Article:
StockholdersEquity

StockholdersEquity - Accounting 620 Financial Measurement...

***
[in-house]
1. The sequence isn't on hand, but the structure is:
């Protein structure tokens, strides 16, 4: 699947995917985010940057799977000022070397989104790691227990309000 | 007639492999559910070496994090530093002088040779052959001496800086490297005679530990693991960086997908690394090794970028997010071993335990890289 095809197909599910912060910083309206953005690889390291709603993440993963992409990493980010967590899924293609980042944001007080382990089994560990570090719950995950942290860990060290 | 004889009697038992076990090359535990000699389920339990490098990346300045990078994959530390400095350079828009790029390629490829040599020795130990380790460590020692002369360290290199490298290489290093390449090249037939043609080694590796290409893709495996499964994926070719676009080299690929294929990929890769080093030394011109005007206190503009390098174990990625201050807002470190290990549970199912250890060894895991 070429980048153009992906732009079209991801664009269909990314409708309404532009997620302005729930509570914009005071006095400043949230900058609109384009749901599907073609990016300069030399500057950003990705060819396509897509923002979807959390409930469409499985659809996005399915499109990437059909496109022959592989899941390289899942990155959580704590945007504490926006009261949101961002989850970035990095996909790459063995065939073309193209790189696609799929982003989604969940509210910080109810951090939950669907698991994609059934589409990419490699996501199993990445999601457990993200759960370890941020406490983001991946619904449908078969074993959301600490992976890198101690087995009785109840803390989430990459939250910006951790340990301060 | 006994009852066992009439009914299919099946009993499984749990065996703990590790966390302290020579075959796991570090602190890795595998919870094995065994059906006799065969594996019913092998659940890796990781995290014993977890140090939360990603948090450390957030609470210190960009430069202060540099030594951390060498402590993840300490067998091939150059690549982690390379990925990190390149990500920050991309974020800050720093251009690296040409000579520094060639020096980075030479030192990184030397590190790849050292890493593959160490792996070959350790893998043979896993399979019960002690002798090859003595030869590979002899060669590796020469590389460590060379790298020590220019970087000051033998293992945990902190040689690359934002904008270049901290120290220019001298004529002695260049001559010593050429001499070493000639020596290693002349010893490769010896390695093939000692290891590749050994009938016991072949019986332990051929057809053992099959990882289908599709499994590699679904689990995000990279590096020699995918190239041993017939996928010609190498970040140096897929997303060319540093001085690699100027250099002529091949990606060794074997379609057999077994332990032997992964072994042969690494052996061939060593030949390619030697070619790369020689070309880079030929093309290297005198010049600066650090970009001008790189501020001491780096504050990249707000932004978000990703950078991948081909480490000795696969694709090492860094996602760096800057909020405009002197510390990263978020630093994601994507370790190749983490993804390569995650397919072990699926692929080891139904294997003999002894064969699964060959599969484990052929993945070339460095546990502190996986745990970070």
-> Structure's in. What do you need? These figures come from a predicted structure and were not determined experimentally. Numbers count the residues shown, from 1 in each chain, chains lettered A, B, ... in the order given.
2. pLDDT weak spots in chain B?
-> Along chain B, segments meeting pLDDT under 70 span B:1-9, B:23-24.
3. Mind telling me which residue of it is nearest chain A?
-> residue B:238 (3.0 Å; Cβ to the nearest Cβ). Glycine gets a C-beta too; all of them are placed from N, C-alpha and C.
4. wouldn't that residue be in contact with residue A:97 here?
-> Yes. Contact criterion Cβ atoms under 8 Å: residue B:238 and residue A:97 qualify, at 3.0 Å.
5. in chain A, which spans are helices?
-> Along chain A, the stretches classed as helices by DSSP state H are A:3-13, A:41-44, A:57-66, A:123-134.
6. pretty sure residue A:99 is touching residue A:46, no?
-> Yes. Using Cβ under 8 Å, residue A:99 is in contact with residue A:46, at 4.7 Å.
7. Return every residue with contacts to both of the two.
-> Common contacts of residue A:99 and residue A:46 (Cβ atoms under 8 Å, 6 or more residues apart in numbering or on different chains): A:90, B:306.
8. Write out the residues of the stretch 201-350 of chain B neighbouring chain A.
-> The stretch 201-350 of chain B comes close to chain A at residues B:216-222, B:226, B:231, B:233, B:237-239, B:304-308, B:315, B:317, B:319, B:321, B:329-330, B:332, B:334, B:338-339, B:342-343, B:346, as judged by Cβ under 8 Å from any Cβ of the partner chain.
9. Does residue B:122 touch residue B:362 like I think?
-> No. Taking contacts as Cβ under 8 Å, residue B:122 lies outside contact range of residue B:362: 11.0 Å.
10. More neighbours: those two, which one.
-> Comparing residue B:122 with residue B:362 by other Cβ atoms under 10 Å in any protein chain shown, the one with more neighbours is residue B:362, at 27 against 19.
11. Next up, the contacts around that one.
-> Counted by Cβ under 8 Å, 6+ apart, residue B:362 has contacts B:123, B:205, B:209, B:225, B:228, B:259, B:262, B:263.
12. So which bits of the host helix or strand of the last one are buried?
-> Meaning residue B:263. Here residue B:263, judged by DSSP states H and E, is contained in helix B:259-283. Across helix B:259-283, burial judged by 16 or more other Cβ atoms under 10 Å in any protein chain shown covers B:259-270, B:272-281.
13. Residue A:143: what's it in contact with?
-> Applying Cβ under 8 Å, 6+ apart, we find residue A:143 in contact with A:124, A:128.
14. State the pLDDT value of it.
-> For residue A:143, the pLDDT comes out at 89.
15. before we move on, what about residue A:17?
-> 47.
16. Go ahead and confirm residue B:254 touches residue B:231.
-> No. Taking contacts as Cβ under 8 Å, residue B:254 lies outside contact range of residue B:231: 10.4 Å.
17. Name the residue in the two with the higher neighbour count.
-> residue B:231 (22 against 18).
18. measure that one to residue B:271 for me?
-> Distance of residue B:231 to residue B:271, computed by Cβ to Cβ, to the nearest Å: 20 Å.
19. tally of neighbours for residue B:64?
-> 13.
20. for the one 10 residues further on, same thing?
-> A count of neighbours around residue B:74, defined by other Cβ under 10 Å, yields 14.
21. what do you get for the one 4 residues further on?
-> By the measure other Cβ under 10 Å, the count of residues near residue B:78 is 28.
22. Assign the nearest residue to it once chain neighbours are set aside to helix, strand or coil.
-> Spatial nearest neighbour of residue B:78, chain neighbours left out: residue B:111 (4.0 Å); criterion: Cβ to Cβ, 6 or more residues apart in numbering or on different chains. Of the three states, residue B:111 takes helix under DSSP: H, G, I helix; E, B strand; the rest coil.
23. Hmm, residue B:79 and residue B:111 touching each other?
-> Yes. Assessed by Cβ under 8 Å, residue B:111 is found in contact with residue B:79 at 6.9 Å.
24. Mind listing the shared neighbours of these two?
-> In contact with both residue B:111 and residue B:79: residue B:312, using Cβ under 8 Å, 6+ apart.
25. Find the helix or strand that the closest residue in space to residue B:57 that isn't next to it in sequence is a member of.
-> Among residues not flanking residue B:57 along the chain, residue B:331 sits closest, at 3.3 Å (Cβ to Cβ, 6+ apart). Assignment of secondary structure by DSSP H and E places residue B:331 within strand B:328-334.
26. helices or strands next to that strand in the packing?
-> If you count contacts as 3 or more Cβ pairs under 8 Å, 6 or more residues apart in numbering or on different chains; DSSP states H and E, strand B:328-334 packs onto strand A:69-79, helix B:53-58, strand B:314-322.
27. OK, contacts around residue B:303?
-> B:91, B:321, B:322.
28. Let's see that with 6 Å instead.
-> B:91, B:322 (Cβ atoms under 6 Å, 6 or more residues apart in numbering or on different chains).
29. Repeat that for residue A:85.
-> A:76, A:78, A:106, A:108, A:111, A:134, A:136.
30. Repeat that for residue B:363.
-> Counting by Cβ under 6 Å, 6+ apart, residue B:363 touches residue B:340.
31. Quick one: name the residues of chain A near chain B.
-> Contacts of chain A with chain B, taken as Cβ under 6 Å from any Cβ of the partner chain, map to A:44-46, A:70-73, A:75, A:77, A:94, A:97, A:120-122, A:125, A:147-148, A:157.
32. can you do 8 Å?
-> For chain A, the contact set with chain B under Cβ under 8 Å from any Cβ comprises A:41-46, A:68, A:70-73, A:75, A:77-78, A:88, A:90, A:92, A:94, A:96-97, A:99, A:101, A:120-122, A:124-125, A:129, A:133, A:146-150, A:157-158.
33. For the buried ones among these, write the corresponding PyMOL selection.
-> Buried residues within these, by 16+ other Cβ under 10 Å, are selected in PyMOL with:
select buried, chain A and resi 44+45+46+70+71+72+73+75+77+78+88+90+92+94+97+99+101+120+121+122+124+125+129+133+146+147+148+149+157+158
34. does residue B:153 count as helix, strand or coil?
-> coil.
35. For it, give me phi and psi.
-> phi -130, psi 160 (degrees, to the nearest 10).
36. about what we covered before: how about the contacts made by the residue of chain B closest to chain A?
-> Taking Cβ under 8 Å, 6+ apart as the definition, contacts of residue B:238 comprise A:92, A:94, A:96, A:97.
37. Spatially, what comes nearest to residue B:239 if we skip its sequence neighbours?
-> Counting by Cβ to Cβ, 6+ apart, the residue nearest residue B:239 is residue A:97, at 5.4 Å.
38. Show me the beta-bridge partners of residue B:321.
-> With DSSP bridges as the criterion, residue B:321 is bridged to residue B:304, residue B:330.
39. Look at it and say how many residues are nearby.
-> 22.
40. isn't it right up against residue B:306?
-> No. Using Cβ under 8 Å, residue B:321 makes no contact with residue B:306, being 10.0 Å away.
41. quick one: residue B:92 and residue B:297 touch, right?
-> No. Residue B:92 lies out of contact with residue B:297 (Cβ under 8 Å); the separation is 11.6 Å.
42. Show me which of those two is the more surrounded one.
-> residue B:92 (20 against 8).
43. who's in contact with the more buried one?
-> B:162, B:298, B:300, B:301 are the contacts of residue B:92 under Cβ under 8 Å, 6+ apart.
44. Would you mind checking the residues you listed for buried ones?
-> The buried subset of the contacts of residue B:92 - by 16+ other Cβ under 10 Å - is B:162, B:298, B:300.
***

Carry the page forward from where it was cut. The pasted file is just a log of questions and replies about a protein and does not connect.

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Unformatted text preview: Accounting 620 Financial Measurement and Reporting Fall 2011 Session 9 – Stockholders’ Equity Professor Damon M. Fleming 1 Coverage overview • • • • • • • Corporate legal entity Corporate capital Issuance of stock Dividends Stock splits Treasury stock Presentation and disclosure Session 9 - Stockholders' Equity 2 Primary guidance • US GAAP guidance for accounting for stockholders’ equity is mainly contained in the following: – – – – FASB ASC 505-10, Overall FASB ASC 505-20, Stock dividends and stock splits FASB ASC 505-30, Treasury stock FASB ASC 480-10, Distinguishing liabilities from equity • IFRS guidance is contained in the following standards: – – – – IAS 1, Presentation of Financial Statements IFRS 7, Financial Instrument Disclosures IAS 32, Financial Instruments: Presentation IAS 39, Financial Instruments: Recognition and Measurement Session 9 - Stockholders' Equity 3 Corporate legal entity • US: corporations are legal entities organized under the laws of a state government to engage in business or other activities. Characteristics include: – – – – Limited liability Controlled by shareholders Unlimited life Issue shares of stock to raise capital • International: corporate organization is dependent on the laws of the respective countries, and may be different than the US Session 9 - Stockholders' Equity 4 Corporate capital • Capital Stock – The stated or par value of the stock issued • Par value: pre-determined minimum value of stock – Generally represents the stockholders’ maximum liability to creditors in the case of insolvency (i.e., bankruptcy) – Authorized shares—total number of shares authorized in the corporate charter – Issued shares—total number of shares issued to shareholders of a company, regardless of whether they are insiders, institutional investors or the general public (including treasury stock) – Outstanding shares—stock currently held by investors (excluding treasury stock) • Additional Paid-In Capital (APIC) – Paid-in capital in excess of the par or stated value • APIC = Sale Price – Par Value Session 9 - Stockholders' Equity 5 Common stock • Common stock is an equity security that represents the residual interest in a corporation • Common stock characteristics – Distributions are subordinate to the rights of other securities – Bears greater risk, but may also reap the greater rewards • Four Basic Rights – – – – Voting rights Dividend rights Preemptive right to purchase stock Rights to share in the distribution of assets Session 9 - Stockholders' Equity 6 Preferred stock • Preferred stock is an equity security that has certain preferences not held by common stock. These preferences often include: – Preference to assets in the event of a liquidating distribution – Preference in dividend distributions – Dividends specified as a stated percentage of par value or dollar amount per share • Preferred stock may also contain certain features: – Cumulative—requires that if the corporation fails to pay a dividend in any year, it must pay all dividends in arrears before paying any dividends to common stock holders – Redeemable—option to redeem shares at a specified price per share – Convertible—option to convert preferred shares into common shares • Called “preference shares” under IFRS Session 9 - Stockholders' Equity 7 Preferred stock • US GAAP accounts for preferred shares based on the specific terms and conditions of the security – For example, if redemption is required upon the occurrence of certain contingent events (e.g., IPO, change in control, performance achievement) or at the option of the holder, then the financial instrument would be accounted for as a liability. However, if redemption is not certain to occur (general assumption), the instrument would be accounted for as equity. • IFRS requires preference shares to be evaluated to determine whether the exhibit fundamental characteristics of debt – Evaluation of redemption option or other terms to determine “split accounting” for the liability and equity components Session 9 - Stockholders' Equity 8 Issuance of stock Example 1 – cash stock issuance Abling Co. issued 5,000 shares of $0.01 par value common stock for $25 per share and 1,000 shares of $10 par value preferred stock (with no redemption or other features) for $35 per share. Prepare the journal entries to record the issuance of the common and preferred stock. Session 9 - Stockholders' Equity 9 Issuance of stock Example 1 - solution To record issuance of 5,000 shares of common stock. To record issuance of 1,000 shares of preferred stock. Session 9 - Stockholders' Equity 10 Stock subscription • Stock subscription represents a contract to purchase shares of stock in the future – Generally accompanied by a up-front partial payment – Full payment is required before shares are issued • If the subscriber defaults on the subscription contract, then any amounts paid to the corporation may be: – Returned in full – Retained by the corporation – A equivalent number of shares issued Session 9 - Stockholders' Equity 11 Stock subscription Example 2 – stock subscription Abling Co. received subscriptions for 20,000 shares of $0.01 par value common stock for $28 per share. The subscription agreement required an initial payment of 25% of the subscription price. The balance of the purchase price was paid prior to stock issuance. Prepare the journal entries to record the stock subscription and subsequent stock issuance. Session 9 - Stockholders' Equity 12 Stock subscription Example 2 - solution To record subscription for 20,000 shares of common stock. To record receipt of subscription receivable. Session 9 - Stockholders' Equity 13 Cash dividends Distribution to stockholders of a proportionate share of retained earnings Declaration Date •Dividend resolution approved by BOD •Declared dividend becomes a liability •Retained earnings decreases Record Date Payment Date •Must own stock as of this date to receive declared dividend •No accounting entry needed •Dividend liability is paid •Retained earnings is not affected Session 9 - Stockholders' Equity 14 Cash dividends Example 3 – issuance of cash dividend At Dec. 31 of 20X1 and 20X2, Oliver Co. had outstanding 5,000 shares of $50 par value 5% cumulative preferred stock and 20,000 shares of $1 par value common stock. At Dec. 31, 20X1, dividends in arrears on the preferred stock were $6,250. Cash dividends declared in 20X2 totaled $22,000. 1. Determine the amount of dividends to be paid to preferred and common stock. 2. Prepare the journal entries to record the declaration and payment of the dividends. Session 9 - Stockholders' Equity 15 Cash dividends Example 3 - solution Dividend Allocation Calculation: Cash dividends declared in 20X2 Dividends in arrears at 12/31, 20X1 Dividends for 20X2 Cash dividends payable to preferred stock Cash dividends payable to common stock Session 9 - Stockholders' Equity 16 Cash dividends Example 3 – solution (continued) To record declaration of dividends in 20X2. To record payment 20X2 dividends. Session 9 - Stockholders' Equity 17 Stock dividends • Issuance to stockholders a corporation’s own common stock in proportion to their existing holdings • Small stock dividends – <25% of outstanding stock – Record at fair value of stock (at date of declaration) • Large stock dividends – >25% of outstanding stock – Record at par value Session 9 - Stockholders' Equity 18 Stock dividends Example 4 – issuance of stock dividend The following stock dividends were declared and distributed by Moon Corp. during the current year: % of Common Shares Outstanding at Declaration Date # of Shares Issued as a Dividend Fair value per share Par value per share 10 120,000 $1.25 $0.01 28 420,000 $1.00 $0.01 Prepare the journal entries to record the stock dividends. Session 9 - Stockholders' Equity 19 Stock dividends Example 4 - solution To record issuance of 10% stock dividend. To record issuance of 28% stock dividend. Session 9 - Stockholders' Equity 20 Stock splits • Forward stock splits – Increase the number of shares outstanding and proportionately decrease the par value of the stock • Reverse stock splits – Decrease the number of shares outstanding and proportionately increase the par value of the stock • Generally only a memorandum entry made to adjust the number of shares issued in relation to the adjustment in the par value Session 9 - Stockholders' Equity 21 Treasury stock • Treasury stock is common or preferred stock that has been reacquired from the market • Stock buyback examples – S&P 500 stock buybacks up 63% from Q1 2010 (June 29, 2011) – NewsCorp. announced $5 billion stock buyback after shares drop amid phone hacking scandal (July 12, 2011) – Walgreens announced $2 billion share repurchase program (July 13, 2011) • Why do companies repurchase shares from the market? Session 9 - Stockholders' Equity 22 Treasury stock • Overview of treasury stock – Treasury stock is not an asset – No gains or losses are recognized on treasury stock transactions • Two methods for accounting for treasury stock transactions – Cost method (most common) – Par value method (note: total stockholders’ equity is the same under both methods) • IFRS is similar, except that treasury stock is referred to as “treasury shares” Session 9 - Stockholders' Equity 23 Treasury stock • The Cost Method treats the purchase and subsequent disposition of treasury stock as one transaction • Treasury stock is recorded and carried at the acquisition cost – Reissued in Excess of Acquisition Cost • Excess is credited to APIC – Treasury Stock (TS) – Reissued at Less than Acquisition Cost • Deficit is first charged against any balance in APIC – TS, then the excess (if any) is charged to retained earnings – When multiple blocks of treasury stock have been acquired, the FIFO method is generally used at reissuance • Treasury stock can be retired—at such time the stock is classified as authorized and unissued Session 9 - Stockholders' Equity 24 Treasury stock • The Cost Method treats the purchase and subsequent disposition of treasury stock as one transaction • Treasury stock is recorded and carried at the acquisition cost – Reissued in Excess of Acquisition Cost • Excess is credited to APIC – Treasury Stock (TS) – Reissued at Less than Acquisition Cost • Deficit is first charged against any balance in APIC – TS, then the excess (if any) is charged to retained earnings – When multiple blocks of treasury stock have been acquired, the FIFO method is generally used at reissuance • Treasury stock can be retired—at such time the stock is classified as authorized and unissued Session 9 - Stockholders' Equity 25 Treasury stock Example 5 – cost method for treasury stock On February 15, Abling Co. repurchased 500 shares of its common stock ($0.01 par) at $19 per share that originally sold for $25 per share. On April 2, 250 of these shares were reissued at $23 per share. On May 1, 200 of these shares were retired. Prepare the journal entries to record the stock acquisition, reissuance, and retirement transactions. Session 9 - Stockholders' Equity 26 Treasury stock Example 5 - solution To record acquisition of 500 shares ($19 per share) of treasury stock. To record reissuance of 250 shares of treasury stock at $23 per share. Session 9 - Stockholders' Equity 27 Treasury stock Example 5 – solution (continued) To record retirement of 200 shares common stock originally issued at $25 and reacquired at $19 . Session 9 - Stockholders' Equity 28 Equity transaction effects on retained earnings Transaction Effect on RE Amount Dividends: cash or property Decrease Amount of cash or FV of property Stock dividends: - Small (<25%) - Large (>25%) Decrease Decrease FV of stock distributed Par value of stock distributed Stock splits: - Par changed proportionally No change N/A No change No change or decrease N/A N/A [if cost <(par + APIC)] Purchase price in excess of par and pro rata APIC No change or decrease N/A/ [if sale price > cost] Excess of cost over sale price, but first offset to APIC - TS N/A Acquisition of treasury stock: - Cost method - Par value method Sale of treasury stock: - Cost method - Par value method No change Session 9 - Stockholders' Equity 29 Presentation and disclosure • Issuers must present a reconciliation of the changes in each component of stockholders’ equity • State the amount per share and in the aggregate for each class of shares for any dividend distributions – IFRS requires this information to be presented in a statement of changes in equity. US GAAP does not require this statement, but it is predominately used. • Other disclosures – Description of preferences for all classes of preferred shares – Description and quantitative summary of what an entity manages as capital (e.g., some entities regard certain financial liabilities as part of capital) – Any externally imposed capital requirements and how such requirements are integrated into the management of capital Session 9 - Stockholders' Equity 30 Questions/Comments? Session 9 - Stockholders' Equity 31 ...